Animal and in vitro data

An acetone extract of R. tomentosum leaves demonstrated the strongest effect against acute myeloid leukemia (AML) cells in vitro compared to the chloroform, isopropanol, and aqueous ethanol extracts, whereas the water-based extract had no anti-AML effects. Subsequent assessments in mice and primary human AML samples confirmed the beneficial effects of the organic extractions with substantial interpatient variability demonstrated among the human AML samples.(McGill 2018)

Homeopathic use

Homeopathic use of Labrador tea for various ailments (eg, insect bites and stings, acne, prickly heat, varicella, wounds) has been described. Homeopathic uses also include for treatment of asthma, hand and foot pain, gout, rheumatism, ear inflammation, tinnitus, and tuberculosis.(Hutchens 1991)

In an American Academy of Ophthalmology systematic review of the medical literature on various homeopathic agents studied after 1990 for reducing ecchymosis after oculofacial or laser surgery, no studies using L. palustre and meeting inclusion criteria were identified.(Tao 2022)

Insecticidal activity

In vitro data

Mosquito larvicidal activity comparable to that with Mentha species (an active ingredient in some botanical insecticides) was observed for the essential oil of L. palustre. Little to no mortality was noted on non–target aquatic and terrestrial invertebrates, while moderate cytotoxic effects were observed on human keratinocyte and fibroblast cell lines.(Benelli 2020)

Rheumatoid arthritis

In vitro data

In synovial cells isolated from rheumatoid arthritis (RA) patients undergoing synovectomy, the essential oil of R. tomentosum exhibited an antiproliferative effect on human T cells and monocytes/macrophages known to infiltrate the synovium in RA-affected joints.(Jesionek 2019)

Transdermal drug delivery

In vitro data

In an in vitro skin permeation test, the essential oil of L. palustre var. angustrum demonstrated significant transdermal enhancement of donepezil skin permeation compared with controls.(Nan 2018)


Clinical data are lacking to support dosing recommendations for Labrador tea.

The leaves are the most commonly used part for medicinal teas and decoctions, and are prepared by brewing in hot or boiling water.(Tam 2014) Labrador tea is commonly made by adding 1 teaspoonful (5 mL) of dried leaves to 1 cup (250 mL) of boiling water, brewed for 3 to 10 minutes; the leaves should be removed. However, safety data are lacking; due to potential for toxicity (eg, from ledol content), Labrador tea should be consumed in small quantities only (has not been defined but less than 1 cup a day of tisane has been suggested).(Dampc 2015)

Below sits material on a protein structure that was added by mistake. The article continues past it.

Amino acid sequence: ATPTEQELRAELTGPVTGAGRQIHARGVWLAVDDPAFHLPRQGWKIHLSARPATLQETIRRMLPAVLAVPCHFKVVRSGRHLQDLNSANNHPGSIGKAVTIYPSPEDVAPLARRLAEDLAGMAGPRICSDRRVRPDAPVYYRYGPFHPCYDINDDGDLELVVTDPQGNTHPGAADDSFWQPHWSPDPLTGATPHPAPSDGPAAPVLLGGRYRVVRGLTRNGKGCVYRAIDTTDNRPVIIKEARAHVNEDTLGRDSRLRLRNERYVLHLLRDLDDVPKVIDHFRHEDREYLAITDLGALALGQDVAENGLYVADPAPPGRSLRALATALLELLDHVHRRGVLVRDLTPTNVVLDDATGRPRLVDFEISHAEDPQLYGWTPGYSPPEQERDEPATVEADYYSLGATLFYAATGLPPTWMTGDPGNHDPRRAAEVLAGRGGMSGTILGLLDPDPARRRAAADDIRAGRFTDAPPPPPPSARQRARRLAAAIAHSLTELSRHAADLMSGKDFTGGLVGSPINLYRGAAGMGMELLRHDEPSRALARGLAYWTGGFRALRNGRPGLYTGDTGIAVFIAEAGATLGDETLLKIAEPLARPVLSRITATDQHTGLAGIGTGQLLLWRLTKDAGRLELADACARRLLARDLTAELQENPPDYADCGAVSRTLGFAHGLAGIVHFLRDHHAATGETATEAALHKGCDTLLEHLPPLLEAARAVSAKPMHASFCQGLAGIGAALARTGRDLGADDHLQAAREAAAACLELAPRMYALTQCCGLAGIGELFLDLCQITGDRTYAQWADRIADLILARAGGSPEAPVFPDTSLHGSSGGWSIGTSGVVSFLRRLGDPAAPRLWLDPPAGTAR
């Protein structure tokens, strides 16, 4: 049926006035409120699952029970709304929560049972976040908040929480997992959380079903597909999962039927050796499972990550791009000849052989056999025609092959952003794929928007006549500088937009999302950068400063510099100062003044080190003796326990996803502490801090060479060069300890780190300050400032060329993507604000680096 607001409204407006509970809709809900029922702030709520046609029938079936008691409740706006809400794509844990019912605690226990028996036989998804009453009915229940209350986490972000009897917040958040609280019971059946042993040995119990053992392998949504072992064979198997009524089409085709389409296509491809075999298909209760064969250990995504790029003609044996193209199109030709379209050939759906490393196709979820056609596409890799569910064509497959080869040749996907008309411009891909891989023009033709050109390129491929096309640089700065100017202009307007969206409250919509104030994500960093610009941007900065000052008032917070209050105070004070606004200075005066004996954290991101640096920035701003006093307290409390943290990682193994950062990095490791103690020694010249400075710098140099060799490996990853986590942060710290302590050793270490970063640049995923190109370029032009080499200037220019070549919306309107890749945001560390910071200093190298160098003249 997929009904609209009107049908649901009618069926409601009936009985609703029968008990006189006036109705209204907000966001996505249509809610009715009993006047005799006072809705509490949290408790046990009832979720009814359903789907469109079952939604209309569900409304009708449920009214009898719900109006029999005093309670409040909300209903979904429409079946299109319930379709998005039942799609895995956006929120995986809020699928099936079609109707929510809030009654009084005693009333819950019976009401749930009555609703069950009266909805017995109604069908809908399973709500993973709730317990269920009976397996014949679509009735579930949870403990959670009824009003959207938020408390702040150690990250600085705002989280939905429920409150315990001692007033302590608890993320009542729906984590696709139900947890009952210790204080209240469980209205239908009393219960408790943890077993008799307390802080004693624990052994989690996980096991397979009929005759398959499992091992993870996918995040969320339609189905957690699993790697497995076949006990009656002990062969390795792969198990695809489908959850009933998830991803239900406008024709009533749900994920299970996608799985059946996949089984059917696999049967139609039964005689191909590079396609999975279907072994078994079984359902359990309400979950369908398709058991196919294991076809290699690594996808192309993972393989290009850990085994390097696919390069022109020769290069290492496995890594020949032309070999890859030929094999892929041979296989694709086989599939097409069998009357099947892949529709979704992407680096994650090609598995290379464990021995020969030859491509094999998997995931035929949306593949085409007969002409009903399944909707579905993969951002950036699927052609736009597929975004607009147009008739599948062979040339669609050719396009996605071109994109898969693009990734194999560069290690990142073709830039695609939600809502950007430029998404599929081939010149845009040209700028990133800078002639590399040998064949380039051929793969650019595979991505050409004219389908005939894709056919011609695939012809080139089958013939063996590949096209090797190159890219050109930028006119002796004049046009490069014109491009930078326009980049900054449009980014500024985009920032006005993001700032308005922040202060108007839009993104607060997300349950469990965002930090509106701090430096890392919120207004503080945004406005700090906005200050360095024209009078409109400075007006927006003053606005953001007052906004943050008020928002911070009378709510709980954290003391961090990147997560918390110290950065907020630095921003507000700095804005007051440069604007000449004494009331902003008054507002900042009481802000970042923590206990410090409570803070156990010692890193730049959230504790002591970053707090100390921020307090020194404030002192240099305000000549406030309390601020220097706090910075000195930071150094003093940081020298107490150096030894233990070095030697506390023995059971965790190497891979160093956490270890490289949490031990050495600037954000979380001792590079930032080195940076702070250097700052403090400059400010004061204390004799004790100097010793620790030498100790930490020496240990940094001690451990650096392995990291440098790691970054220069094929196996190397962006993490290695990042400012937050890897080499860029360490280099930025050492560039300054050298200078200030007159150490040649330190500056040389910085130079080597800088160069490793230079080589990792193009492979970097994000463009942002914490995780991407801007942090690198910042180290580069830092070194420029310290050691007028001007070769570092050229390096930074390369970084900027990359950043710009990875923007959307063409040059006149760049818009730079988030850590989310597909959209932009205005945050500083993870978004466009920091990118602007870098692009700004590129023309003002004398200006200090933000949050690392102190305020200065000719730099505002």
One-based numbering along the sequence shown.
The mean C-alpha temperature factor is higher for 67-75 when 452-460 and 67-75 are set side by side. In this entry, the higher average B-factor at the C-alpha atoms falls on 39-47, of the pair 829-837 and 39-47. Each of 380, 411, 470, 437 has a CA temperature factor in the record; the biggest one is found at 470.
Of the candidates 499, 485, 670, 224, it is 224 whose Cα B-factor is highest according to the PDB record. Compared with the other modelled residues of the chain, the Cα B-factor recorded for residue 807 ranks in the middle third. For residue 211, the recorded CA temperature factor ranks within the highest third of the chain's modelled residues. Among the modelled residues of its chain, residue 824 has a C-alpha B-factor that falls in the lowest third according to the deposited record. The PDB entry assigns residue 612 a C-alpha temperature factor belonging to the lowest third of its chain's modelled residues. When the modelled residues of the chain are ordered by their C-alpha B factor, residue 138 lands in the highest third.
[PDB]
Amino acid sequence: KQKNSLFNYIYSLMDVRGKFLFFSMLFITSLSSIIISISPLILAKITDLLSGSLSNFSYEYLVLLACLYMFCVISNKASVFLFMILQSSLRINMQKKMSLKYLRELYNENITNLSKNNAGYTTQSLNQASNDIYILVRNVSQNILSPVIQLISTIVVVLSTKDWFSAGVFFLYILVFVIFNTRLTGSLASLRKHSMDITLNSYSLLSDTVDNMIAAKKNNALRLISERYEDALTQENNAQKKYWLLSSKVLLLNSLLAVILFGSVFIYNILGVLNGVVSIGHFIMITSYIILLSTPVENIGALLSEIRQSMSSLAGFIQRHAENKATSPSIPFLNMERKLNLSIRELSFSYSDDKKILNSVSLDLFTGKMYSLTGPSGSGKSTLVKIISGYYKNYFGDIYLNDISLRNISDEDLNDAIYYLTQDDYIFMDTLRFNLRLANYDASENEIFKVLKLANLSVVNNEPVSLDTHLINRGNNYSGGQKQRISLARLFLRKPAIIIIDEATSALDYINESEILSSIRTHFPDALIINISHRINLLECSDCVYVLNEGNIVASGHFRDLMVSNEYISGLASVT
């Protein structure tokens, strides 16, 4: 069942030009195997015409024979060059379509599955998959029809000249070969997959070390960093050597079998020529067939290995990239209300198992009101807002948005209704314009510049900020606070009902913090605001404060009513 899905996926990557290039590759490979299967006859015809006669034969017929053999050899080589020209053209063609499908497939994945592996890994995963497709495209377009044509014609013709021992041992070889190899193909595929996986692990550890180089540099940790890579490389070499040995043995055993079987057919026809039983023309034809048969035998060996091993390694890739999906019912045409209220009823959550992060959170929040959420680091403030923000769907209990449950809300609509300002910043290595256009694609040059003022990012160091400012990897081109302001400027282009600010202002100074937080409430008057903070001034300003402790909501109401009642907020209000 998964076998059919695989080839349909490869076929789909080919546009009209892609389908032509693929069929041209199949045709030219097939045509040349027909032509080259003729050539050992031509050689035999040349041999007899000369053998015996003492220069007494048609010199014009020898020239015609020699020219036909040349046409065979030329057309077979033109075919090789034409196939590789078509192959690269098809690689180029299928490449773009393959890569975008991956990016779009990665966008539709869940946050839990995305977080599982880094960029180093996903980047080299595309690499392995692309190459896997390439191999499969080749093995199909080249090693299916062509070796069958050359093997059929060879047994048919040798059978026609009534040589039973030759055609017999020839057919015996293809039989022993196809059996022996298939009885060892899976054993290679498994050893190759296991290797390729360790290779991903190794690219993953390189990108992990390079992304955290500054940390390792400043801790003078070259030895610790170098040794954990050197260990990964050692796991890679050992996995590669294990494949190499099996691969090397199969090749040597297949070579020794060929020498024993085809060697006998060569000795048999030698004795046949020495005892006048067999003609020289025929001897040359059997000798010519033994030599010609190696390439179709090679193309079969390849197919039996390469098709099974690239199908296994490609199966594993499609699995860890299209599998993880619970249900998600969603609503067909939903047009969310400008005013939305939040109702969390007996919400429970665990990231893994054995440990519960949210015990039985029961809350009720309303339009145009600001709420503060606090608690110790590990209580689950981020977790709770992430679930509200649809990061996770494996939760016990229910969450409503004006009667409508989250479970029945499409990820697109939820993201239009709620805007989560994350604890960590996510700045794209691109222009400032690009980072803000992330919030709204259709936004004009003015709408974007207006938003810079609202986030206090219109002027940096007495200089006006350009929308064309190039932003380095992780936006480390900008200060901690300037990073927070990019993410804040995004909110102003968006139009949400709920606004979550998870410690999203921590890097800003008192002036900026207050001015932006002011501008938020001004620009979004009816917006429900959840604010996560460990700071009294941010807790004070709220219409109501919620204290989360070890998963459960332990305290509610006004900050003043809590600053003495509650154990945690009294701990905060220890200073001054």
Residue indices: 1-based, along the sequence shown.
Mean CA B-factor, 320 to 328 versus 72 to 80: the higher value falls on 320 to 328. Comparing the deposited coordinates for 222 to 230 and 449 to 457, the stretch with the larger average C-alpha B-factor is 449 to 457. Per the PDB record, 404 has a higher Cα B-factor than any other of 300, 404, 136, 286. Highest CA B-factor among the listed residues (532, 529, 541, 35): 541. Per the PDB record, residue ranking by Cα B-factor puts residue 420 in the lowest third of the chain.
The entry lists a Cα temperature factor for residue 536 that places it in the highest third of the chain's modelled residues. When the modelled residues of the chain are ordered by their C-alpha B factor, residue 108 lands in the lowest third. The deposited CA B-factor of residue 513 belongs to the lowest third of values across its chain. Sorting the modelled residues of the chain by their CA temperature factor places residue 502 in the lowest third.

Pregnancy / Lactation

Information regarding safety and efficacy in pregnancy and lactation is lacking.


None well documented. In vitro studies have demonstrated inhibitory action on CYP3A4 and 2C isoforms.(Tam 2009, Tam 2014)

Adverse Reactions

Information is lacking regarding potential adverse reactions with the use of Labrador tea.


Labrador tea is considered mildly toxic and should be consumed in small quantities only. Reported acceptable amounts include 1 teaspoonful (5 mL) of dried leaves for 1 cup (250 mL) of boiling water; brewing times range from 3 to 10 minutes, according to tisane strength preference, but should not exceed 15 minutes.(Dampc 2015)

Labrador tea has narcotic properties. Evidence suggests that excessive use of the tea may cause delirium or poisoning.(Stuart 1987) Toxic terpenes of the essential oils cause symptoms of intoxication (eg, slow pulse, lowering of blood pressure, lack of coordination, convulsions, paralysis, death).(Belleau 1993, Jansen 2012, Turner 1991, Turner 1997)

Kalmia polifolia and Andromeda polifolia are similar to Ledum and can be toxic due to higher concentrations of similar compounds. These plants are distinguished by their glabrous leaves and pink flowers.(Turner 1997)

Index Terms



This information relates to an herbal, vitamin, mineral or other dietary supplement. This product has not been reviewed by the FDA to determine whether it is safe or effective and is not subject to the quality standards and safety information collection standards that are applicable to most prescription drugs. This information should not be used to decide whether or not to take this product. This information does not endorse this product as safe, effective, or approved for treating any patient or health condition. This is only a brief summary of general information about this product. It does NOT include all information about the possible uses, directions, warnings, precautions, interactions, adverse effects, or risks that may apply to this product. This information is not specific medical advice and does not replace information you receive from your health care provider. You should talk with your health care provider for complete information about the risks and benefits of using this product.

This product may adversely interact with certain health and medical conditions, other prescription and over-the-counter drugs, foods, or other dietary supplements. This product may be unsafe when used before surgery or other medical procedures. It is important to fully inform your doctor about the herbal, vitamins, mineral or any other supplements you are taking before any kind of surgery or medical procedure. With the exception of certain products that are generally recognized as safe in normal quantities, including use of folic acid and prenatal vitamins during pregnancy, this product has not been sufficiently studied to determine whether it is safe to use during pregnancy or nursing or by persons younger than 2 years of age.

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Antropova IG, Revina AA, Kurakina ES, Magomedbekov EP. Radiation chemical investigation of antioxidant activity of biologically important compounds from plant materials. ACS Omega. 2020;5(11):5976-5983. doi:10.1021/acsomega.9b0433532226878
Belleau F, Collin G. Composition of the essential oil of Ledum groenlandicum. Phytochemistry. 1993;33(1):117-121.
Ben Lagha A, Vaillancourt K, Maquera Huacho P, Grenier D. Effects of labrador tea, peppermint, and winter savory essential oils on Fusobacterium nucleatum. Antibiotics (Basel). 2020;9(11):794. doi:10.3390/antibiotics911079433182686
Benelli G, Pavela R, Cianfaglione K, et al. Ascaridole-rich essential oil from marsh rosemary (Ledum palustre) growing in Poland exerts insecticidal activity on mosquitoes, moths and flies without serious effects on non-target organisms and human cells. Food Chem Toxicol. 2020;138:111184. doi:10.1016/j.fct.2020.11118432061727